Why Do Politicians Still Not Listen To Young People?

Soon Brexit will be coming into full effect. Earlier this month, on Thursday 5th July 2018 Brandon Lewis, who is very influential in decision making, Chairman for the Conservative Party, and MP for Great Yarmouth came to Birmingham, looking to “listen” to young people – so got in touch with Beatfreeks who brought together young leaders and artists from the city that had opinions and thoughts ready to be listened to (on the theme of Brexit). Before he came, we were told he would not like to influence our views, but he would rather listen. Essentially, he is in the space to see Brexit through our eyes as young people. But that didn’t quite happen.

Initially there was an intro to Beatfreeks, in which interest for Doink was shown. After this we introduced ourselves - amongst us were actors, computer scientists, graphic designers and activists. Needless to say there were a range of young leaders from different backgrounds present, ready to showcase all of our unique voices, opinions and stories.

The first question was posed which was “If you had to describe Brexit to someone who had not heard of it before, what is it?” We had a range of responses including “it was simply the UK leaving the EU and that it was daunting”. Following that question, concerns were raised such as worries around being an artist who works with European companies and that it was the Conservative party who raised the idea of Brexit. Although we were speaking to the Chair of the Conservative Party, we didn’t want to shy away from saying our opinions. It’s important that people in power take time to actually listen to what young people have to say.

Back in June 2016, I didn’t actually get to vote for if I wanted the UK to leave the EU or not however as a young person it is going to affect people like me the most.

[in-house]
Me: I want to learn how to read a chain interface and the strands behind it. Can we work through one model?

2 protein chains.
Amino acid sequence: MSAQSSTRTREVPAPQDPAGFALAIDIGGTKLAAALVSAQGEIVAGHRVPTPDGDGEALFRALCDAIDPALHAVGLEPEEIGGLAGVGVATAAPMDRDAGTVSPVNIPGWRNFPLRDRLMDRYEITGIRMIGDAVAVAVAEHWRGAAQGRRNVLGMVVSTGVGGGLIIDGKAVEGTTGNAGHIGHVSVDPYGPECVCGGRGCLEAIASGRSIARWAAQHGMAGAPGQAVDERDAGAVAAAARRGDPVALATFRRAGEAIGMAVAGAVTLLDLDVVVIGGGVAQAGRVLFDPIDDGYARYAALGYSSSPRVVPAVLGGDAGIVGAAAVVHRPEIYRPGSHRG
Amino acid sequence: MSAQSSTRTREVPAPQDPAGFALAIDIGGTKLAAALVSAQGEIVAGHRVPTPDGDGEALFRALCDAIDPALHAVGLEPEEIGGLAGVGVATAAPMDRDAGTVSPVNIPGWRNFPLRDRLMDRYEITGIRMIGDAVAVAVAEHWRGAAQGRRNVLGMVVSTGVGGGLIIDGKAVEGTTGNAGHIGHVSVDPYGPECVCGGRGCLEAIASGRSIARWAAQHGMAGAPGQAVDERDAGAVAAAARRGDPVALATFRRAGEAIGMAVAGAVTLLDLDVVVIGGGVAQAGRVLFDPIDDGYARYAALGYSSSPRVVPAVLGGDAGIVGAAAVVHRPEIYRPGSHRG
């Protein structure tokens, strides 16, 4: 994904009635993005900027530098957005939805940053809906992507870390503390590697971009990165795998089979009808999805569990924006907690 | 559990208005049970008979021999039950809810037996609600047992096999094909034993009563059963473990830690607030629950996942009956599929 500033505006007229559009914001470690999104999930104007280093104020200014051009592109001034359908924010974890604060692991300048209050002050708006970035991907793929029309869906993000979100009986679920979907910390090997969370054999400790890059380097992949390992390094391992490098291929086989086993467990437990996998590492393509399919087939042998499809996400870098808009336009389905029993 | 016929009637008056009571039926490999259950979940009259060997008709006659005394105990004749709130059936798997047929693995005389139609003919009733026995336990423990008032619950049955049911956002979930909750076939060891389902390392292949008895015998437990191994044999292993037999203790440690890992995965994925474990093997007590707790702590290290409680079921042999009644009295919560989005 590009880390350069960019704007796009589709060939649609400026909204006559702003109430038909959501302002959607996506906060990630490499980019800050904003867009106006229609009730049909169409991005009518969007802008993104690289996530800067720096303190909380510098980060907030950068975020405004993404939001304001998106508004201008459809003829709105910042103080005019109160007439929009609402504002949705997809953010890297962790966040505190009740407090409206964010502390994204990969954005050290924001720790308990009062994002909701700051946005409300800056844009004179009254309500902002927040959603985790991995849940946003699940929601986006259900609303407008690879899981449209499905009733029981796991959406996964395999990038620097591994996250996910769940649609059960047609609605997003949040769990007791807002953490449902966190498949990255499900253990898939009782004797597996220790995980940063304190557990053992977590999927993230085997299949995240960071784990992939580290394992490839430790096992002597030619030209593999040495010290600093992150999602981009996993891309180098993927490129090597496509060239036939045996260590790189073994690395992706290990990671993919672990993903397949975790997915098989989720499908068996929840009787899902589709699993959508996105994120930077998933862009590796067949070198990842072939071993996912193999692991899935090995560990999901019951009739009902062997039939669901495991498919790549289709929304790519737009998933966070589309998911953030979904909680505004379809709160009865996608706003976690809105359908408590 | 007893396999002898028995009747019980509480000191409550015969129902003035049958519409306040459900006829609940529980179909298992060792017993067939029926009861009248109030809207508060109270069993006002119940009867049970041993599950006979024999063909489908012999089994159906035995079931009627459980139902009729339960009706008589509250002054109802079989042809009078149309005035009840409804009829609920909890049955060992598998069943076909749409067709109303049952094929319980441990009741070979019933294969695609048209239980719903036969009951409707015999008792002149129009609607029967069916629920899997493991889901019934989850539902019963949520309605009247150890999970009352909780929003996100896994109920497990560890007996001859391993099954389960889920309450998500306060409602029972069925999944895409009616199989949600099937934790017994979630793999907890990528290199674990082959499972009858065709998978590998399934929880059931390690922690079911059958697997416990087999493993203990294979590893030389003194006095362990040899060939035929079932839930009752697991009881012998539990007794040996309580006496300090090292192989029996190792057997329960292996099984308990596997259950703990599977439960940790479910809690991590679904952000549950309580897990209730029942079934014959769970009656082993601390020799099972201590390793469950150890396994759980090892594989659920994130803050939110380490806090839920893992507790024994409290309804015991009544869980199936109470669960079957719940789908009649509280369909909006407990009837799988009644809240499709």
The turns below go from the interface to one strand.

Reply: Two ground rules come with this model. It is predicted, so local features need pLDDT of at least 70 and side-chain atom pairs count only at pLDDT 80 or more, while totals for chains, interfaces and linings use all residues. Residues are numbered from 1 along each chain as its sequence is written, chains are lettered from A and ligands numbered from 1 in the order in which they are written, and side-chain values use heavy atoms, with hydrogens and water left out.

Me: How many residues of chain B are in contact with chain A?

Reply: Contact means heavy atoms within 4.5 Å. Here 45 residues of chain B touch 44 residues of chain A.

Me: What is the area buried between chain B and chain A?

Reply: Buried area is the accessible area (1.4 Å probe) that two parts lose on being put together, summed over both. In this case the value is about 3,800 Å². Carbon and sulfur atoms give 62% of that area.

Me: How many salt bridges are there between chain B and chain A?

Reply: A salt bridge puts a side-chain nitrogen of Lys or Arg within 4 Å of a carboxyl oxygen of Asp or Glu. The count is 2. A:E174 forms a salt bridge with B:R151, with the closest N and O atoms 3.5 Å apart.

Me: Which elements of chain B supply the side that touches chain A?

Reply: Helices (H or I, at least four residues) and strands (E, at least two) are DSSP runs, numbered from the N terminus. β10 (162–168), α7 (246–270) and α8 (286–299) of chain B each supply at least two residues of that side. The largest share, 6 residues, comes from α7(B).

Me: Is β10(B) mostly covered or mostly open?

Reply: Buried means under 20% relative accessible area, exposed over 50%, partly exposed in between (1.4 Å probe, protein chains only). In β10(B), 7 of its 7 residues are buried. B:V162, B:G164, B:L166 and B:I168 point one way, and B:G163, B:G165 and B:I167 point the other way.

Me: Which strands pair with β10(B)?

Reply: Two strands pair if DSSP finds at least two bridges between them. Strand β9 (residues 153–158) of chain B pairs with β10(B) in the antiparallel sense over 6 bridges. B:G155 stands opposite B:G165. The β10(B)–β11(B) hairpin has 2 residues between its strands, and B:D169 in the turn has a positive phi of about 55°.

I mentioned this, to which another young leader built upon the point saying how we are not educated enough about it. One young person described the word Brexit as a ‘scare word’. It was at this point that Mr Lewis began responding to the points we were discussing, rather than listening to what we had to say. He commented how the older generations can remember why it was set up, which is a perspective that I have personally never seen. This in my opinion shows how the young and old generation are disconnected, which is why events like this are so important. 

A key theme of the discussions was not weighted towards policies, or reforms, but it was relating to lack of education of the subject and how people felt it was frustrating that the right information was not getting to people so they couldn't make an educated decision. Mr Lewis mentioned about the exciting opportunities with trade if we keep the deals, present with the EU. This showed a positive aspect on Brexit that made me for one of the first times see a positive side to Brexit. In the future, I hope that political parties, especially The Conservative Party use social media to promote these positive aspects - as it is a view point we need to hear. Although he mentioned this one positive aspect, there wasn’t much else to be optimistic about.

Since Brexit has happened, I’ve seen first hand the rise in hateful views and hate speech towards particular communities, particularly people of colour.


It’s frustrating that I barely see anyone 'at the top' doing anything about it, and if anyone can, it could be the Chair of Conservatives, a person a part of the party that has massive influence over decision making.

When I brought up the lack of education regarding Brexit allowing room for discriminative actions towards minority groups, and that discriminative views builds upon negative actions, he responded with a lack of understanding. He said that when he goes from Essex (place of birth) to Great Yarmouth (where he lives) he is seen as 'different' too. This comparison is extremely unsympathetic, and a clear example of how the people ‘at the top’ are extremely disconnected to other groups.

The most unfortunate thing to me about this is that we were told he was there to ‘listen to us as young people’, I believe he did not do this.


On top of this he tried to deflect the issue at hand saying; “Even if we told the racists the proper information, they would be the same”. This may be true, however putting out the proper information confirms to the communities that they are wanted, and can relive anxiety about rumours such as people being deported etc. His constituency could easily hire University graduates who are seeking a job in marketing to tweet and post across social media about Brexit, making the information accessible. I personally believe lack of education is the biggest form of oppression in 2018, and I am interested to see if he listens to our views, stopping the disconnect and truly helping our generation. 


Written by Chloe Deakin

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